You don’t have to have a GCSE in the legacy of Marvel Comics to appreciate the link between the popularity of heroic figures in popular culture and testing social circumstances.  It’s no great surprise that the Golden Age of Superhero comics coincided with the aftermath of a catastrophic World War.

 We’re all aware that these are troubled times. It may be popularity polls and shareprices rather than bombs that are dropping these days but as world and corporate leaders struggle with economic crises who wouldn’t welcome a caped crusader who could clear tall buildings in a single bound?  If they also had the answer to the credit crunch plumping out their codpiece, all the better.

 Back in the real world, we’re more likely to bump into a bumbling Clarke Kent, a nerdy Bruce Banner or a super slick Bruce Wayne if we’re really lucky, than a Super or Batman.  The heroes who are most likely to live and work around us every day, however, include police officers, doctors, teachers and insurance underwriters, personal assistants and copywriters. They’re often the little people who are able to rise above the universal and altogether natural concern for the self and put the needs of others first in their list of priorities.  They too fight for health, safety, growth and excellence in their own modest way.  But like their comic book counterparts, they’re not forced or compelled to heroic acts. They do it because they choose to.

 Organisations count on there being enough of these workaday superheroes in sensible shoes quietly making a stand for truth and justice within the corporate rank and file. If they aren’t wearing their pants over their tights or aren’t sporting a natty cape and tiara, however, how do you spot them?

 Well, if anyone is prepared to willingly bear a brand on their breast there’s a fair chance they’re going to be substantially engaged with that brand. But what does an engaged employee actually look like? While there are variations and eccentricities, the most common traits exhibited by engaged employees are that they are:

           Receptive (they are open to opportunities to be involved)

          Involved (they are part of the programme not recipients of it)

          Proactive (they innovate without being asked)

          Energised (they do things)

          Achievers (the things they do tend to be fruitful)

          Advocates (they are proud and happy to recommend the brand)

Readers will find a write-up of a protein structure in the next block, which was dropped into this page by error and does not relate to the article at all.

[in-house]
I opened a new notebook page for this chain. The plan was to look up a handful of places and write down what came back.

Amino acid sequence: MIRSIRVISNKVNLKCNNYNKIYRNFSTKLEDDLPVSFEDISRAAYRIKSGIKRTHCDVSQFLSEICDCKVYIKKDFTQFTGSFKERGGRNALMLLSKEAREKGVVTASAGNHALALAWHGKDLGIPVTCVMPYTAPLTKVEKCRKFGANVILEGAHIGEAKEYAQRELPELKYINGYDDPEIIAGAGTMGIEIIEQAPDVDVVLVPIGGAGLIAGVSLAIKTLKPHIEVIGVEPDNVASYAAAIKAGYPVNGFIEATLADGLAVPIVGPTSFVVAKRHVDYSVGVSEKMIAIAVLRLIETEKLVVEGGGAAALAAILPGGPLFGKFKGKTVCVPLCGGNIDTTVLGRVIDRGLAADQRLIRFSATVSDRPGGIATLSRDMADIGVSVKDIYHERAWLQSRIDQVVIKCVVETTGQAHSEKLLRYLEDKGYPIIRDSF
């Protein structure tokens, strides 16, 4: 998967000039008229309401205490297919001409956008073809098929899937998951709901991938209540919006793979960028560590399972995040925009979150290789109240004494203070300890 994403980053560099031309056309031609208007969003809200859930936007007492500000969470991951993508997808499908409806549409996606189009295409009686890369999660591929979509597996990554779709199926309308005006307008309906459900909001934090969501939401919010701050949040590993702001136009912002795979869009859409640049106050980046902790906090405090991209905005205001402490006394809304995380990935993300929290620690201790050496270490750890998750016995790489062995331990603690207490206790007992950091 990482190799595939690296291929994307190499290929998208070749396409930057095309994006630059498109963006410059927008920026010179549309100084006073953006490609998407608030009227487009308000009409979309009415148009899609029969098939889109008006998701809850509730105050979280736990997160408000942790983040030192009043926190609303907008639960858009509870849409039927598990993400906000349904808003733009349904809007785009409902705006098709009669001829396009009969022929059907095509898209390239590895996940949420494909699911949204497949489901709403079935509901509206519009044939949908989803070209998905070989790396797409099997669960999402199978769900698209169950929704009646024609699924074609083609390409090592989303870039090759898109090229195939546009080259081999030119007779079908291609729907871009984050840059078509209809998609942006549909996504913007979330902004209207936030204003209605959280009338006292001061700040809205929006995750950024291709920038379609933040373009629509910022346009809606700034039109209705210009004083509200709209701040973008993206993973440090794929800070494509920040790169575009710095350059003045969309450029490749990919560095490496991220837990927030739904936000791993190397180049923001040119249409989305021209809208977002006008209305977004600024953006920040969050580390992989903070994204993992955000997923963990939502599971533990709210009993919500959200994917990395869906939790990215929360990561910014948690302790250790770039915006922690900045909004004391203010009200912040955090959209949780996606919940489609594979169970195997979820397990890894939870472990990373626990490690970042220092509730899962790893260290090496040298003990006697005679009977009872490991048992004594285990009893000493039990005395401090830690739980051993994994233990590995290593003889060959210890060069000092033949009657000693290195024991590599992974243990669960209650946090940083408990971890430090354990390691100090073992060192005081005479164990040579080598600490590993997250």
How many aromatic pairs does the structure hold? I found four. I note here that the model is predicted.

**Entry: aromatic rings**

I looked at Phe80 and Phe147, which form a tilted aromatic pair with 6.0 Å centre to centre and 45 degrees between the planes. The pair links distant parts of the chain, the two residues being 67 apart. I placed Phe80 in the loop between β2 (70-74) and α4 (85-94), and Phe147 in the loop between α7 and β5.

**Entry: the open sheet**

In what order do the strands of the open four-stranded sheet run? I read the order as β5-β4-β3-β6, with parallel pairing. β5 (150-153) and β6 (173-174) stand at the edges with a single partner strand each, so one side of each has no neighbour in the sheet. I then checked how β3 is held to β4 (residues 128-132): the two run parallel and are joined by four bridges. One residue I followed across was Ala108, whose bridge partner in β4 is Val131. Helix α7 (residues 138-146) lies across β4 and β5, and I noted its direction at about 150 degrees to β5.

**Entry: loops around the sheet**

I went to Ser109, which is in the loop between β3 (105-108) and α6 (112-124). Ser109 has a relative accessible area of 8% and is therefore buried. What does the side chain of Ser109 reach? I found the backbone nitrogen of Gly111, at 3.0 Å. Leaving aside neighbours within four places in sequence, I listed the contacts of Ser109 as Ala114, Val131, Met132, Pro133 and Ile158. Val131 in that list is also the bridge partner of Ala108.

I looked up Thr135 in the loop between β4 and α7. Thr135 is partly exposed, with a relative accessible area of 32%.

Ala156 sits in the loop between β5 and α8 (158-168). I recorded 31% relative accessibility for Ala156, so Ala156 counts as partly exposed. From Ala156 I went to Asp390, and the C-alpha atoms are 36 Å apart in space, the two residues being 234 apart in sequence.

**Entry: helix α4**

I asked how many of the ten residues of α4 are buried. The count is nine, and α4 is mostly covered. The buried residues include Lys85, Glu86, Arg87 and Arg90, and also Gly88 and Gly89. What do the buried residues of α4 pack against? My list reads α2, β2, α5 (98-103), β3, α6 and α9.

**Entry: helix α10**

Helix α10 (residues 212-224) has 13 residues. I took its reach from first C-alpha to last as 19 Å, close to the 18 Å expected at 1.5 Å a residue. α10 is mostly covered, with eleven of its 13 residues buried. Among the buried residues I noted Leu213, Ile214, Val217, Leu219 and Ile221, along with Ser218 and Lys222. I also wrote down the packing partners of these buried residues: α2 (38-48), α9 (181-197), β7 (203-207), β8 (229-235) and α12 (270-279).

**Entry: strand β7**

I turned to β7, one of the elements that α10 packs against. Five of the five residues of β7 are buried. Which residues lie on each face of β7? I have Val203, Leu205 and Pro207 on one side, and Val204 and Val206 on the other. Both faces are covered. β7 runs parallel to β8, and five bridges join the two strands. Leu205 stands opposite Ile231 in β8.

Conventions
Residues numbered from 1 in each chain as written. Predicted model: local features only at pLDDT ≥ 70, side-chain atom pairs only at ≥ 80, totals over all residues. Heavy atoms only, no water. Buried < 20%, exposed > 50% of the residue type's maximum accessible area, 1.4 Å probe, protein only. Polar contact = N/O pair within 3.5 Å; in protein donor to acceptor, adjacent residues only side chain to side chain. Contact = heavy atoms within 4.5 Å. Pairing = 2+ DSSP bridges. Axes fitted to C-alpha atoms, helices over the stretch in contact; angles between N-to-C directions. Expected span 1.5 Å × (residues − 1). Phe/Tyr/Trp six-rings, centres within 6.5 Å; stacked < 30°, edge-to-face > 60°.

Delve beneath the surface of the Times Best 100 Companies poll and you’ll encounter these characters and characteristics in spadefulls.  Having worked with a number of the organisations in the top 50 I can confirm that in each case:

           the Top Team were advocates of a culture-led approach to brand management

          they developed a very clear business case for change

          they understood the current culture and were clear about the desired future culture

          they involved and engaged all employees in the development of a compelling story about the evolution of the business

          they “professionalized” their internal communication function and ensured that line managers in particular were skilled communicators

          they insisted on partnerships between the external and internal facing communication/engagement functions

 Doesn’t sound anything like where you work? Well next time there’s a corporate crisis just pause for a second, try and look beyond what the emails from the CEO and army of middle managers are saying and consider why the otherwise unassuming and bespectacled Jane from IT always grabs her coat and heads for the stationery cupboard when the going gets tough. After all, someone keeps the supervillains at bay and the systems running!

 Ian Buckingham is the author of Brand Engagement – How Employees Make or Break Brands.

& Brand Champions – How Superheroes Bring Brands to Life.  If you have any legendary stories to share about everyday brand champions and corporate “derring do” drop Ian a line ([email protected]).